Grutzeck, Michael W. PHYSICAL, CHEMICAL AND STRUCTURAL EVOLUTIION OF ZEOLITE-CONTAINING WASTE FORMS PRODUCED FROM METAKAOLINITE AND CALCINED SODUIM BEARING WASTE (HLW AND/OR LLW). United States: N. p., 2003. Web. doi:10.2172/834996.
Grutzeck, Michael W. PHYSICAL, CHEMICAL AND STRUCTURAL EVOLUTIION OF ZEOLITE-CONTAINING WASTE FORMS PRODUCED FROM METAKAOLINITE AND CALCINED SODUIM BEARING WASTE (HLW AND/OR LLW). United States. doi:10.2172/834996.
Grutzeck, Michael W. Sun . "PHYSICAL, CHEMICAL AND STRUCTURAL EVOLUTIION OF ZEOLITE-CONTAINING WASTE FORMS PRODUCED FROM METAKAOLINITE AND CALCINED SODUIM BEARING WASTE (HLW AND/OR LLW)". United States. doi:10.2172/834996. https://www.osti.gov/servlets/purl/834996.
@article{osti_834996,
title = {PHYSICAL, CHEMICAL AND STRUCTURAL EVOLUTIION OF ZEOLITE-CONTAINING WASTE FORMS PRODUCED FROM METAKAOLINITE AND CALCINED SODUIM BEARING WASTE (HLW AND/OR LLW)},
author = {Grutzeck, Michael W},
abstractNote = {Zeolites can adsorb liquids and gases, take part in catalytic reactions and serve as cation exchange media. They are commercially available as finely divided powders. Using zeolites to manage radioactive waste is not new, but a process by which zeolites can be made to act both as a host phase and a cementing agent is. It is notable that zeolites occur in nature as well consolidated/cemented deposits. The Romans used blocks of Neapolitan zeolitized tuff as a building material and some of these buildings are still standing. Zeolites are easy to synthesize from a wide range of both natural and man-made precursor materials. The method of making a ''hydroceramic'' is derived from a process in which metakaolinite (thermally dehydroxylated kaolinite) is slurried with a dilute sodium hydroxide (NaOH) solution and then reacted for hours to days at mildly elevated temperatures (60-200 C). The zeolites that form in solution are finely divided powders containing micrometer sized crystals. However, if the process is changed and only enough concentrated sodium hydroxide solution (e.g. 12 M) is added to the metakaolinite to give the mixture a putty-like consistency and the mixture is then cured under similar conditions, the mixture becomes a very hard ceramic-like material containing distinct tectosilicate crystallites (zeolites and feldspathoids) imbedded in an X-ray amorphous sodium aluminosilicate hydrate matrix. Due to the material's vitreous character, the composite has been called a hydroceramic. Similar to zeolite/feldspathoid powders, a hydroceramic is able to sequester cations and a wide range of salt molecules (e.g., nitrate, nitrite and sulfate) in lattice positions and within structural channels and voids thus rendering them ''insoluble'' and making them an ideal contingency waste form for solidifying radioactive waste. The obvious similarities between a hydroceramic waste form and a waste form based on solidified Portland-cement grout are superficial because their chemistries are entirely different. In addition to being vastly superior to conventional Portland cement grouts with respect to salt retention, standard radwaste leach protocols (PCT, TCLP) have shown that hydroceramics also do a better job of immobilizing the RCRA-toxic and radioactive components of liquid sodium bearing waste (SBW) now in storage at DOE's Hanford, Savannah River and Idaho sites.},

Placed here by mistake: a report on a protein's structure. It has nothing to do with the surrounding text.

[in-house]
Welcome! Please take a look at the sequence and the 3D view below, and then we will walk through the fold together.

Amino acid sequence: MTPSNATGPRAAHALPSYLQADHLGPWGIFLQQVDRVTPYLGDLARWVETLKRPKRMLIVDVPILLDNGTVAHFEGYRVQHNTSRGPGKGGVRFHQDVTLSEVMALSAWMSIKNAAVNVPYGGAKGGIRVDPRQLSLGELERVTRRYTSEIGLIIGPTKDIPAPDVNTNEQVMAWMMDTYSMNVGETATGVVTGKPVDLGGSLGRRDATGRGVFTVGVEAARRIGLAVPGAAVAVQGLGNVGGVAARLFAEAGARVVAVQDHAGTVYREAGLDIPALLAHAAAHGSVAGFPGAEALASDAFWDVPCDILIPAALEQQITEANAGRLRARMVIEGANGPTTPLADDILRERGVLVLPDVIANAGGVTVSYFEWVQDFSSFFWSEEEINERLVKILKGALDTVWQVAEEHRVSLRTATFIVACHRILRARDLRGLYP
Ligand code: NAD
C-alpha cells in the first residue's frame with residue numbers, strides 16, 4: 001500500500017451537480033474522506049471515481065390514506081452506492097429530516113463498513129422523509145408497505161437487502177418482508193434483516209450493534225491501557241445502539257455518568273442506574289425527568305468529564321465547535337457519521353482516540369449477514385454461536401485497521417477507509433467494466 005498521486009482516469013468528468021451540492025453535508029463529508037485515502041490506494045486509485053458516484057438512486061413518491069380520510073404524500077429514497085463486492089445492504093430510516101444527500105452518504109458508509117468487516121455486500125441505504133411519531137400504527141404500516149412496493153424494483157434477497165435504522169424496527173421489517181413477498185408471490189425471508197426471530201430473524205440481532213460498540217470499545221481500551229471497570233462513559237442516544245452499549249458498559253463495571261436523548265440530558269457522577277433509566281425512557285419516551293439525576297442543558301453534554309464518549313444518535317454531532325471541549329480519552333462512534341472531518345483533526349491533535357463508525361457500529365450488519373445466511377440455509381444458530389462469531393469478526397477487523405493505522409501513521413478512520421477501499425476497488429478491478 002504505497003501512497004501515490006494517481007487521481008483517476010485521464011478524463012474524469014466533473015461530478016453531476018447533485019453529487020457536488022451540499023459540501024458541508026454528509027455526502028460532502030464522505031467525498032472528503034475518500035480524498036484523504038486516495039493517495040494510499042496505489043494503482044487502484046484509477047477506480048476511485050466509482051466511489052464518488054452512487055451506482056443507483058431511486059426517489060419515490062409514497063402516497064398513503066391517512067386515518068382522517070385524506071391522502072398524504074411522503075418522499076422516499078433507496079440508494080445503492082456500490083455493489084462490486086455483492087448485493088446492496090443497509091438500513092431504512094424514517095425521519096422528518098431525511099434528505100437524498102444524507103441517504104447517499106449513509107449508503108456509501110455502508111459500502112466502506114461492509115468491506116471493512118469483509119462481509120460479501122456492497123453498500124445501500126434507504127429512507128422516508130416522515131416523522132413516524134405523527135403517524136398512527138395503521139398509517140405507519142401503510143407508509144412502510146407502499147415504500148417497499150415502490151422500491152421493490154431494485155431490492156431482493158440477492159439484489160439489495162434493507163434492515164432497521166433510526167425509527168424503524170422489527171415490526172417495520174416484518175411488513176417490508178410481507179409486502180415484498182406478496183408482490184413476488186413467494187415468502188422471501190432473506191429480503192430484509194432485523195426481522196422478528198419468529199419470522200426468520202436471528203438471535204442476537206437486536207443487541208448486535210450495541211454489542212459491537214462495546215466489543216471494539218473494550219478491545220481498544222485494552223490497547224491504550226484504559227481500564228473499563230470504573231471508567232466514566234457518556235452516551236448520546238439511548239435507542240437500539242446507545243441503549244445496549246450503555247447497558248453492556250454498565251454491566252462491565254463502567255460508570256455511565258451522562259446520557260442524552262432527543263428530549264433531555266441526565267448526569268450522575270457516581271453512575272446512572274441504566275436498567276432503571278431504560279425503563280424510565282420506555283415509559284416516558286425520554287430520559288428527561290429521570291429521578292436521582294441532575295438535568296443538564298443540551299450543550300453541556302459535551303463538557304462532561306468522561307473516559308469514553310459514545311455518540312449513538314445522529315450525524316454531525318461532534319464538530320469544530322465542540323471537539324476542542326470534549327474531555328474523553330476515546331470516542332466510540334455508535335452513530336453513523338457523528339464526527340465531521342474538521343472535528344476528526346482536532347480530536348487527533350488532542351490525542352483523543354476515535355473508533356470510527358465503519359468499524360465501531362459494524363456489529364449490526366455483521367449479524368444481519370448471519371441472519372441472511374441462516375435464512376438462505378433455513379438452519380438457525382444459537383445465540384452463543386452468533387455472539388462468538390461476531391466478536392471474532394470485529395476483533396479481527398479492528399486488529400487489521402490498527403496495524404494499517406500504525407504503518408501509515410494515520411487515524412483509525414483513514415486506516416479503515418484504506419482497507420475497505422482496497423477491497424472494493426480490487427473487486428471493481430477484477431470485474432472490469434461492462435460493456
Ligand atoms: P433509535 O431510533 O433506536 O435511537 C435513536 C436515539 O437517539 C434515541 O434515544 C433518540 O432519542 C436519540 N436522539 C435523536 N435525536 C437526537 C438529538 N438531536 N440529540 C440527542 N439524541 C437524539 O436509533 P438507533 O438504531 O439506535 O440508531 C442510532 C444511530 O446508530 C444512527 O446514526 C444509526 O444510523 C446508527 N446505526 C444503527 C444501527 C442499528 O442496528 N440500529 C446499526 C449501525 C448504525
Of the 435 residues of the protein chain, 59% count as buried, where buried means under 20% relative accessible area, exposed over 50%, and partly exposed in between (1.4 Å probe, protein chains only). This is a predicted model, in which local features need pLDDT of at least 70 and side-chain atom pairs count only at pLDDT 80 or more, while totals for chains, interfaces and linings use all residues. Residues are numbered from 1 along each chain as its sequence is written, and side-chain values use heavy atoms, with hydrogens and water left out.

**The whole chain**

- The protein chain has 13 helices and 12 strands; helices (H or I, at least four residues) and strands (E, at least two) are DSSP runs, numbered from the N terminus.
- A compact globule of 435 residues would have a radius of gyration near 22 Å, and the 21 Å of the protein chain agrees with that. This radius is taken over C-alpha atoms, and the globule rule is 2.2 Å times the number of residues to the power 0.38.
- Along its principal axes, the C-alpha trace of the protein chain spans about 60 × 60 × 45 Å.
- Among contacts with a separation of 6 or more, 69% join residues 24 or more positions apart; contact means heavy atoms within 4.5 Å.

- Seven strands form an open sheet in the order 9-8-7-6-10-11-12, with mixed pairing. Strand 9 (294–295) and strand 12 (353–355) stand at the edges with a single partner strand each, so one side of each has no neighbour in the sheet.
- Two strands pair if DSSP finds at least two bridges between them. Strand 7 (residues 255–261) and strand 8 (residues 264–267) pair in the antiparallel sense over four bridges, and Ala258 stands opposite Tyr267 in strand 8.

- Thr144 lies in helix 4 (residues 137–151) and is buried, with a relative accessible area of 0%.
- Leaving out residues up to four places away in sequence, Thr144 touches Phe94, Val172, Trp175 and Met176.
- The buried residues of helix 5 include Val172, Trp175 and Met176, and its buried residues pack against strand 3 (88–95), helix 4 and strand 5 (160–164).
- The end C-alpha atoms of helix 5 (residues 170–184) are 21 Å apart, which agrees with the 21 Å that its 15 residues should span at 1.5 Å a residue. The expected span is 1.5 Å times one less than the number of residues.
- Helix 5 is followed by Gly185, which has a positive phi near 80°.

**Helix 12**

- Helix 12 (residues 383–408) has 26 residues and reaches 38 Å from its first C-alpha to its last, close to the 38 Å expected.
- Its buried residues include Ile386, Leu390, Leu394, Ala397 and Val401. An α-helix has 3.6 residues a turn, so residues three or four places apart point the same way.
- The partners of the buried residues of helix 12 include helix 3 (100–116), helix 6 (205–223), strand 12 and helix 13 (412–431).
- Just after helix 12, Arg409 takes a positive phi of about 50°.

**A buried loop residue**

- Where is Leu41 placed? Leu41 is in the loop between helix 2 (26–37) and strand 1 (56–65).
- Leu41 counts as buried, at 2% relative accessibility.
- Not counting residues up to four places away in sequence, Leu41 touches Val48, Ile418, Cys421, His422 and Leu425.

doi = {10.2172/834996},
journal = {},
number = ,
volume = ,
place = {United States},
year = {2003},
month = {6}
}